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Reflecting on Rome, Italy

Patrick Smith '08 - They say that Rome is the eternal city, which is probably true; if time does not stand still for Rome, then nothing will. It is a city in constant motion. In modern Pompeii, the traffic ceases after a certain hour, as though controlled by a switch. Rome affords the visitor no such luxury. Even, as some of us did, wandering around the neighborhood of Trastevere late at night, one can find a crowd. It should go without saying that the city is positively steeped in history – from the grandeur of Imperial Rome to the ignominy of fascist Italy. In Pompeii, we learned about the Romans; in Rome, we learned about the city.

Driving up from the Bay of Naples, Rome seemed to explode out of the bucolic countryside. Every corner of the metropolis seemed to teem with activity and movement. In contrast, Naples seemed relaxed, and modern Pompeii seemed as devoid of activity as the ruins. Our hotel was in the very center of things, right off the Campo de’ Fiori and a short stroll from Piazza Navona and Largo Argentina. Our hotel had, indeed, long been in the center of things: it was built over the site of the Theatre of Pompey, where the Dictator was murdered.

The next day, we saw such monuments as Augustus’ Ara Pacis, or Altar of Peace, his mausoleum, and the Pantheon. While Pompeii afforded us the opportunity to look at things we had read about in class, this was the first day when we saw things we’d read about our whole academic lives. Standing in front of the Pantheon, the temple to all the gods, now a Catholic church, it began to sink in: this is Italy. Built by Augustus’ associate Marcus Agrippa, the Pantheon is an impressive building that has seen a lot of history and a lot of change.

The same day, proving that Wabash men can keep a pace that would impress a Roman, we traced the ancient route of triumphant Roman generals through the city. As the great historian, Cornelius Tacitus, noted at the very beginning of his Annals, Rome had kings at the beginning, until Lucius Brutus brought liberty and the consulate. However, when voted a triumph, a victorious Roman commander came as close as anyone to the monarchy – until Caesar and the Augustan revolution, to borrow from Sir Ronald Syme. Looking at the Circus Maximus, the Forum Romanum, and the various monuments along the way, the might of Rome became apparent through her public buildings.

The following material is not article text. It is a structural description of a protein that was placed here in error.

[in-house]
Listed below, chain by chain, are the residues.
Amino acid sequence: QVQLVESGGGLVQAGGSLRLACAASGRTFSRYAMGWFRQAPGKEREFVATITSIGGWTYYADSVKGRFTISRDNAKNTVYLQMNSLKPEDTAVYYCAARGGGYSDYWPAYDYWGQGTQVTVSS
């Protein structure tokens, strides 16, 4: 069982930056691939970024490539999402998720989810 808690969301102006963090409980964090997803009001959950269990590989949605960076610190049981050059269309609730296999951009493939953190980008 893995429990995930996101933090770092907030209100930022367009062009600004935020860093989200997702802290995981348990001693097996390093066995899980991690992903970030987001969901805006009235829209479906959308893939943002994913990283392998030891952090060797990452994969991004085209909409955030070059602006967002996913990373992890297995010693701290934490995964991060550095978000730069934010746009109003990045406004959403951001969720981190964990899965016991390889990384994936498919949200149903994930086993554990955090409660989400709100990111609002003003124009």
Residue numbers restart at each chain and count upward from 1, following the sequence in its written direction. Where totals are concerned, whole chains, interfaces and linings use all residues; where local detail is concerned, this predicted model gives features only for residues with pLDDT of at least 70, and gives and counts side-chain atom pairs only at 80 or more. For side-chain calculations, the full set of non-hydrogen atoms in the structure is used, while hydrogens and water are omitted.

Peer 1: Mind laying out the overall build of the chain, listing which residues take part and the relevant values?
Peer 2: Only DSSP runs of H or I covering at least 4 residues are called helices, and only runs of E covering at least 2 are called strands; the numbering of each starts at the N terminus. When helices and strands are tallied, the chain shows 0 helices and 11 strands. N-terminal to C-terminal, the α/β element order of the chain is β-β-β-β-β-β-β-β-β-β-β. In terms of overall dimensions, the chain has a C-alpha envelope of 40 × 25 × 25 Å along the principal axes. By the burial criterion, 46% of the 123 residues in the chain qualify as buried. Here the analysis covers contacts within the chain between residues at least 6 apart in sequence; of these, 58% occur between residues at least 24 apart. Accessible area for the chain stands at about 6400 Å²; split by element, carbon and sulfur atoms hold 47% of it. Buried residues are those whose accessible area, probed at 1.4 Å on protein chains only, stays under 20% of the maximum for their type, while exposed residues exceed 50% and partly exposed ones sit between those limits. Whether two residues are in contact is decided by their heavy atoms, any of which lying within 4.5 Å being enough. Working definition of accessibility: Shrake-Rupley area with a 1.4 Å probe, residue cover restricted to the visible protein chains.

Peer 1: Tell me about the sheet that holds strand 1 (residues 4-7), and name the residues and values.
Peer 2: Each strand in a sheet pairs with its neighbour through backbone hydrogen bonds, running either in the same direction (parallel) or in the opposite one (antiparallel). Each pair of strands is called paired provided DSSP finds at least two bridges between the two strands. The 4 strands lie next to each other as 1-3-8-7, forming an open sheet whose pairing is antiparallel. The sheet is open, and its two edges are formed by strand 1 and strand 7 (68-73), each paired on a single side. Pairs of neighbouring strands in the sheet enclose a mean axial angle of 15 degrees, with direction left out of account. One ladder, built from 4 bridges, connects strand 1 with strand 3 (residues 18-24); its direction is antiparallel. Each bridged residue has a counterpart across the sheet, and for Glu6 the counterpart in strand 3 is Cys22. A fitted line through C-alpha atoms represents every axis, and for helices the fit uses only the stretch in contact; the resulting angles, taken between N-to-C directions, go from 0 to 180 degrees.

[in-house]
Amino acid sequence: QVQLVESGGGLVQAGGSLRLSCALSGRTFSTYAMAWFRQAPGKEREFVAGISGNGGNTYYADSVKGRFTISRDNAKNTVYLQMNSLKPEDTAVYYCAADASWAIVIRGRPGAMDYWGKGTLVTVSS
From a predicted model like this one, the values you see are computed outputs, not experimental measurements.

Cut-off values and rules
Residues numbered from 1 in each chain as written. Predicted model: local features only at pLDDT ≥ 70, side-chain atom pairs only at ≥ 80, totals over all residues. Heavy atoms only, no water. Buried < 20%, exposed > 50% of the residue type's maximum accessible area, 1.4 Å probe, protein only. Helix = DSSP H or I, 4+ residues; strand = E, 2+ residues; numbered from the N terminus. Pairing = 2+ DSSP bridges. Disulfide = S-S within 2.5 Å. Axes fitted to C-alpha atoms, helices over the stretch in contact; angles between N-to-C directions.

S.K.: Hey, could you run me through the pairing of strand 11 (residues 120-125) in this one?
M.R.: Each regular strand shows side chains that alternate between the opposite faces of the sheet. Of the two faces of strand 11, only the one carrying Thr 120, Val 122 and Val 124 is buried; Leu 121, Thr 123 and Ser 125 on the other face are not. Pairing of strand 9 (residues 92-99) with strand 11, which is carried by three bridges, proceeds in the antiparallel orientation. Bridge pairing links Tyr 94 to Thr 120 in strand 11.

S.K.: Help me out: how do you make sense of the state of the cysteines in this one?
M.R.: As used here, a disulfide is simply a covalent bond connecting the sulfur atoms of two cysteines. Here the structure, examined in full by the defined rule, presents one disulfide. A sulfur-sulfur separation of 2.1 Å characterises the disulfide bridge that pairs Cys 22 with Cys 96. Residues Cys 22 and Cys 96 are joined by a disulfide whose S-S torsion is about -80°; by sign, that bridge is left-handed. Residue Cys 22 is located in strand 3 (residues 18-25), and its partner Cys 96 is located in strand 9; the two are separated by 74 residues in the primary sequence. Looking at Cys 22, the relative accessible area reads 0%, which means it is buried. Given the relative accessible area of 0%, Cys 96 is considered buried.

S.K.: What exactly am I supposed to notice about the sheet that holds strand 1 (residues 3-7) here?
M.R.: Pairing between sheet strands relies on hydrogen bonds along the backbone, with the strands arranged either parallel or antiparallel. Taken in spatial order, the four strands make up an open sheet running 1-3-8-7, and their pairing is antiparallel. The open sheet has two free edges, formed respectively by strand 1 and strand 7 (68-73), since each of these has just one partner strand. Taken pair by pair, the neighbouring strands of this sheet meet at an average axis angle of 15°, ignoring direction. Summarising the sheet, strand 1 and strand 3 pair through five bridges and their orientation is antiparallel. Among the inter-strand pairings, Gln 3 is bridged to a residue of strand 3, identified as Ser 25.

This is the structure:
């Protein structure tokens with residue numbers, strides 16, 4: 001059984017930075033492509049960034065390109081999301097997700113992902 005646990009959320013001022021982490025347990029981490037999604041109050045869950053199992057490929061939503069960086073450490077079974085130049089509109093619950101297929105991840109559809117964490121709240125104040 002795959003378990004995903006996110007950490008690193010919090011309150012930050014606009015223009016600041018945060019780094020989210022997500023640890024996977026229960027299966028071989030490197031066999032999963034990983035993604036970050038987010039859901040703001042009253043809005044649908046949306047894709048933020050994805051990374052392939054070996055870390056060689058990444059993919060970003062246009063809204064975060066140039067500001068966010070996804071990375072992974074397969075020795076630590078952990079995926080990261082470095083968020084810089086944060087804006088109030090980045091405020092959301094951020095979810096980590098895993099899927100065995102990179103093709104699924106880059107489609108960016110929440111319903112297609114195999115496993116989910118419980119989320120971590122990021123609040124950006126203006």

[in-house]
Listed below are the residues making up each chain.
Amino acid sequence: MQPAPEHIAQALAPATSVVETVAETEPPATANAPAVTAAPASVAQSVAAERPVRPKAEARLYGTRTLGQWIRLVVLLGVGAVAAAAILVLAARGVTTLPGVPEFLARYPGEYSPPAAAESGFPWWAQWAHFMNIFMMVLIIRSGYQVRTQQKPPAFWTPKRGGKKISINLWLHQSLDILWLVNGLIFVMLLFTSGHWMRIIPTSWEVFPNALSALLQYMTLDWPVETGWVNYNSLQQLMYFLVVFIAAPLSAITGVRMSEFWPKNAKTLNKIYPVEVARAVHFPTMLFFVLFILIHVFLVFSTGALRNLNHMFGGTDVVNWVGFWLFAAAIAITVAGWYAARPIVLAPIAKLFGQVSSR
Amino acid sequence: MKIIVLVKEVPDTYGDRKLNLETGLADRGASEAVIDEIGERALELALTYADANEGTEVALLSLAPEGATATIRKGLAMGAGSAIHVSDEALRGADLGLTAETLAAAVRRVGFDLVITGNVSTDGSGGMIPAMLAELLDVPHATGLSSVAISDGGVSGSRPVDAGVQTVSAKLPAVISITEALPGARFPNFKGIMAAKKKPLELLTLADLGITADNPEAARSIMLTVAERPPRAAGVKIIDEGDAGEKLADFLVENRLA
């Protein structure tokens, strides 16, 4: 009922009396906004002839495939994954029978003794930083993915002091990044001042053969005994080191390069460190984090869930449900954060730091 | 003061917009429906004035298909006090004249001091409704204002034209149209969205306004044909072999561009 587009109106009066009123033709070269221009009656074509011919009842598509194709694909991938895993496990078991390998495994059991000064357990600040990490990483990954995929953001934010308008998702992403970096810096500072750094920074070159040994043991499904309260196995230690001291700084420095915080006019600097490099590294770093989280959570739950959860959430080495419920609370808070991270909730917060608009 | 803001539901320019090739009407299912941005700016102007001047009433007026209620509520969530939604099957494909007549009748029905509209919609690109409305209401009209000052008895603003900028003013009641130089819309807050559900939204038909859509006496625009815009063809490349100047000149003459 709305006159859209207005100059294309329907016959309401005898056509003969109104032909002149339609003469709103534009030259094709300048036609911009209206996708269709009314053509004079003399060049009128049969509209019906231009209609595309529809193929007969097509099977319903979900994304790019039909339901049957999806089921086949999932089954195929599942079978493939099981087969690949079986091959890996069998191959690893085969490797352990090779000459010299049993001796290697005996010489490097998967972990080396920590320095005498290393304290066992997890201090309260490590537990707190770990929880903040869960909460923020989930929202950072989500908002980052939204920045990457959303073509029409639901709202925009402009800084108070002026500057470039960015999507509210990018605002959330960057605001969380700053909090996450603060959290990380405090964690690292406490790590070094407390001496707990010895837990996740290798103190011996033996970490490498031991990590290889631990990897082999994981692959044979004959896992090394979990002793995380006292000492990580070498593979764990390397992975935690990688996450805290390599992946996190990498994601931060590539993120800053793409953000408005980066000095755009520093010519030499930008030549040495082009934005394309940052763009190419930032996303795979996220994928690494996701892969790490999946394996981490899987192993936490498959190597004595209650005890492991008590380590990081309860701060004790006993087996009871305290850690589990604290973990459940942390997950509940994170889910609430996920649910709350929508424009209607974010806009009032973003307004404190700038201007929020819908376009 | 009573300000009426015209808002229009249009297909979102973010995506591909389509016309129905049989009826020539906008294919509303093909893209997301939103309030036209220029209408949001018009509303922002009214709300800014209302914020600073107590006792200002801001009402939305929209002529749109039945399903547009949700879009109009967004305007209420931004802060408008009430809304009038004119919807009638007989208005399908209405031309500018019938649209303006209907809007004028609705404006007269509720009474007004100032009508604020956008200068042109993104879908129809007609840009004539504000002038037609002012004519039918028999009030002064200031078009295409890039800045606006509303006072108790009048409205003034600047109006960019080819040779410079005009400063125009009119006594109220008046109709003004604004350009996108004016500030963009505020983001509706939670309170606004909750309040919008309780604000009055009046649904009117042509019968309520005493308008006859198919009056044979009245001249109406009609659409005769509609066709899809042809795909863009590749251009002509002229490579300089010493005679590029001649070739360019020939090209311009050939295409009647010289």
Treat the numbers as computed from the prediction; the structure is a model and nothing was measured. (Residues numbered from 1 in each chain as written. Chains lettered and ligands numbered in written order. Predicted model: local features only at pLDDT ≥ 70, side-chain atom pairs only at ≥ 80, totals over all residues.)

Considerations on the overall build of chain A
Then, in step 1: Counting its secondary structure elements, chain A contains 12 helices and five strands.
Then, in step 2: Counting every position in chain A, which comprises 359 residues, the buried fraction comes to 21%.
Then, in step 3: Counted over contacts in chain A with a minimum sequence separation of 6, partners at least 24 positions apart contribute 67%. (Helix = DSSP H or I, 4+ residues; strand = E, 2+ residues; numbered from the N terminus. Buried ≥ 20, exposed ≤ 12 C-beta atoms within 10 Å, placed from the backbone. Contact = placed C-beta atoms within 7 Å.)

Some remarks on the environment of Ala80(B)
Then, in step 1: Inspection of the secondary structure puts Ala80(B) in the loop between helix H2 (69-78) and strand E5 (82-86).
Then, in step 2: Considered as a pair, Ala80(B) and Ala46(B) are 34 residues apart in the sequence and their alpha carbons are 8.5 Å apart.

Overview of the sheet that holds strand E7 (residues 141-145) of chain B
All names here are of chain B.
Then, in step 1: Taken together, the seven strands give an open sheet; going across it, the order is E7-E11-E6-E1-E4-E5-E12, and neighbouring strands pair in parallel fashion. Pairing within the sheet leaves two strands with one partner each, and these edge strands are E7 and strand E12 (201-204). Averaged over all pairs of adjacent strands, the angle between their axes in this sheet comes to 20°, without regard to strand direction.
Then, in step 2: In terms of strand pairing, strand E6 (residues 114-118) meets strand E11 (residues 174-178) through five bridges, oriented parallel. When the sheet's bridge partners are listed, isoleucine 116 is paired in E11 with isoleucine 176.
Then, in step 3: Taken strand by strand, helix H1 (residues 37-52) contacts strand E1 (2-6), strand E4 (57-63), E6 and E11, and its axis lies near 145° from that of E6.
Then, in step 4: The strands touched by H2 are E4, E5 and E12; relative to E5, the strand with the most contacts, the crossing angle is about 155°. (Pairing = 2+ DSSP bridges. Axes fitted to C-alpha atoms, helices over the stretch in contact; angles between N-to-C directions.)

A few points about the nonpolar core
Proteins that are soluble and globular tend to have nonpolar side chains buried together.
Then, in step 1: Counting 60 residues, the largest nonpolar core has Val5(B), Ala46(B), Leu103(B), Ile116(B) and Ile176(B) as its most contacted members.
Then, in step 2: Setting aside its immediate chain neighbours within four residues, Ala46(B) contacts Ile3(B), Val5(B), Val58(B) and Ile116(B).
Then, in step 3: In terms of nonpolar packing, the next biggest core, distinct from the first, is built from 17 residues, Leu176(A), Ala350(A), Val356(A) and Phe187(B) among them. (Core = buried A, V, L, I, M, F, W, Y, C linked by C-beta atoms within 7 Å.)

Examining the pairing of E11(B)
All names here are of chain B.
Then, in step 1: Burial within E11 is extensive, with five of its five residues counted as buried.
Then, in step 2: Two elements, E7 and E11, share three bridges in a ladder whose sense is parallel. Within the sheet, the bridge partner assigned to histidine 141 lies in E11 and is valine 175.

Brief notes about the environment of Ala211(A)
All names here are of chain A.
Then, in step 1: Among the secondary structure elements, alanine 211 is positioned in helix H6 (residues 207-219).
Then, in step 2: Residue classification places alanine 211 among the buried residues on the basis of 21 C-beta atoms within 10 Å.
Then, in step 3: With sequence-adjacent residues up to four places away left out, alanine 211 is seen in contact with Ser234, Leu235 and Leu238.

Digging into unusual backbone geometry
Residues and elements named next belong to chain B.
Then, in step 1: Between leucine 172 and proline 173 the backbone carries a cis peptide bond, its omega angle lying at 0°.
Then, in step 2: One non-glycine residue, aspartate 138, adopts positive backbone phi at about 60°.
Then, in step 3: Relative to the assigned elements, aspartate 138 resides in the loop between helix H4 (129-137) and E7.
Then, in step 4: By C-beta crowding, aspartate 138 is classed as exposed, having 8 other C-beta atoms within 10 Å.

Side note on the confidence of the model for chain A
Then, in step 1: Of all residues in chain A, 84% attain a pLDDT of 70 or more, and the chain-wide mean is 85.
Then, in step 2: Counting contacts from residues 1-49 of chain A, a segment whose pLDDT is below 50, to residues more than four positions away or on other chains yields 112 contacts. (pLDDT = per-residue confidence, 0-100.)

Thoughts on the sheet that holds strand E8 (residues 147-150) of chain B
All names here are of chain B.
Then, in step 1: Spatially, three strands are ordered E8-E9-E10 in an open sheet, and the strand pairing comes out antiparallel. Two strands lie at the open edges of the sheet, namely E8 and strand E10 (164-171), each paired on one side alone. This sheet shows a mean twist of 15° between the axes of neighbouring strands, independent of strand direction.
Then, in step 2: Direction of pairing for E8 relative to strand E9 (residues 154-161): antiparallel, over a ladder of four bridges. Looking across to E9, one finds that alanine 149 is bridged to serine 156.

Ostia, the ancient port city of Rome, was our next stop. Unlike Pompeii, preserved by Vesuvius’ devastating blast, Ostia was inhabited throughout antiquity, until it was abandoned. It is both better preserved, in some regards, and less interesting than Pompeii. Far from being a snapshot of an ancient city, it is a place where one can trace the development of the European city through history. Ostia, through the wisdom of the often-maligned Claudius, was the primary source of food – i.e., grain – for Rome. It provided a look at urban, commercial space for the class; as opposed to Pompeii’s rural environment.

The Vatican was our next stop. Books, to say nothing of blog posts, could be written about the country (by virtue of the Lateran Treaty). The power of the Catholic Church and the papacy was made manifest in a collection of art that would awe anyone, and buildings no less awesome. The most important men in Europe at times, the popes managed to assemble an art history textbook and call it “home.” The important works we saw are too numerous to mention. Standing inside St. Peter’s though, it became obvious that we were no longer students of the Roman city: we were participants, though briefly, in the successor to that city.

The next day, we visited the Baths of both Caracalla and Diocletian. The Baths of Caracalla served, no doubt, to make everyone feel very small. These monumental edifices were offered by the emperors of the late Empire, as the city of Rome began to dwindle in importance, in favor of Milan and Constantinople, to the people of that city as public amenities. The soaring arches and vaults stand, as ruins, as monuments to the engineering genius of the Romans. While it is nice to read Cicero and Vergil and see the rhetoric of republic and empire, it is really powerful to see the brick-and-mortar accomplishments of men and women who died two thousand, more or less, years before any of us were born.

Far too much happened in Rome to give a blow-by-blow account. However, it is safe to say that everyone was impressed by a city that manages to be ancient and vibrant, European and cosmopolitan, and – above all – huge. Everything in Rome, from buildings to experiences, is on a monumental scale. The smallest churches and piazzas manage to pack a surprisingly stout wallop. The Romans even do gelato on a big scale: Giolitti, the famed Roman confectioner, had more varieties of gelato than anyone (that is, anyone ignorant of their wares) could have imagined. In a city that takes ice cream seriously, is it any surprise that there are wonders around every corner?

Probably not.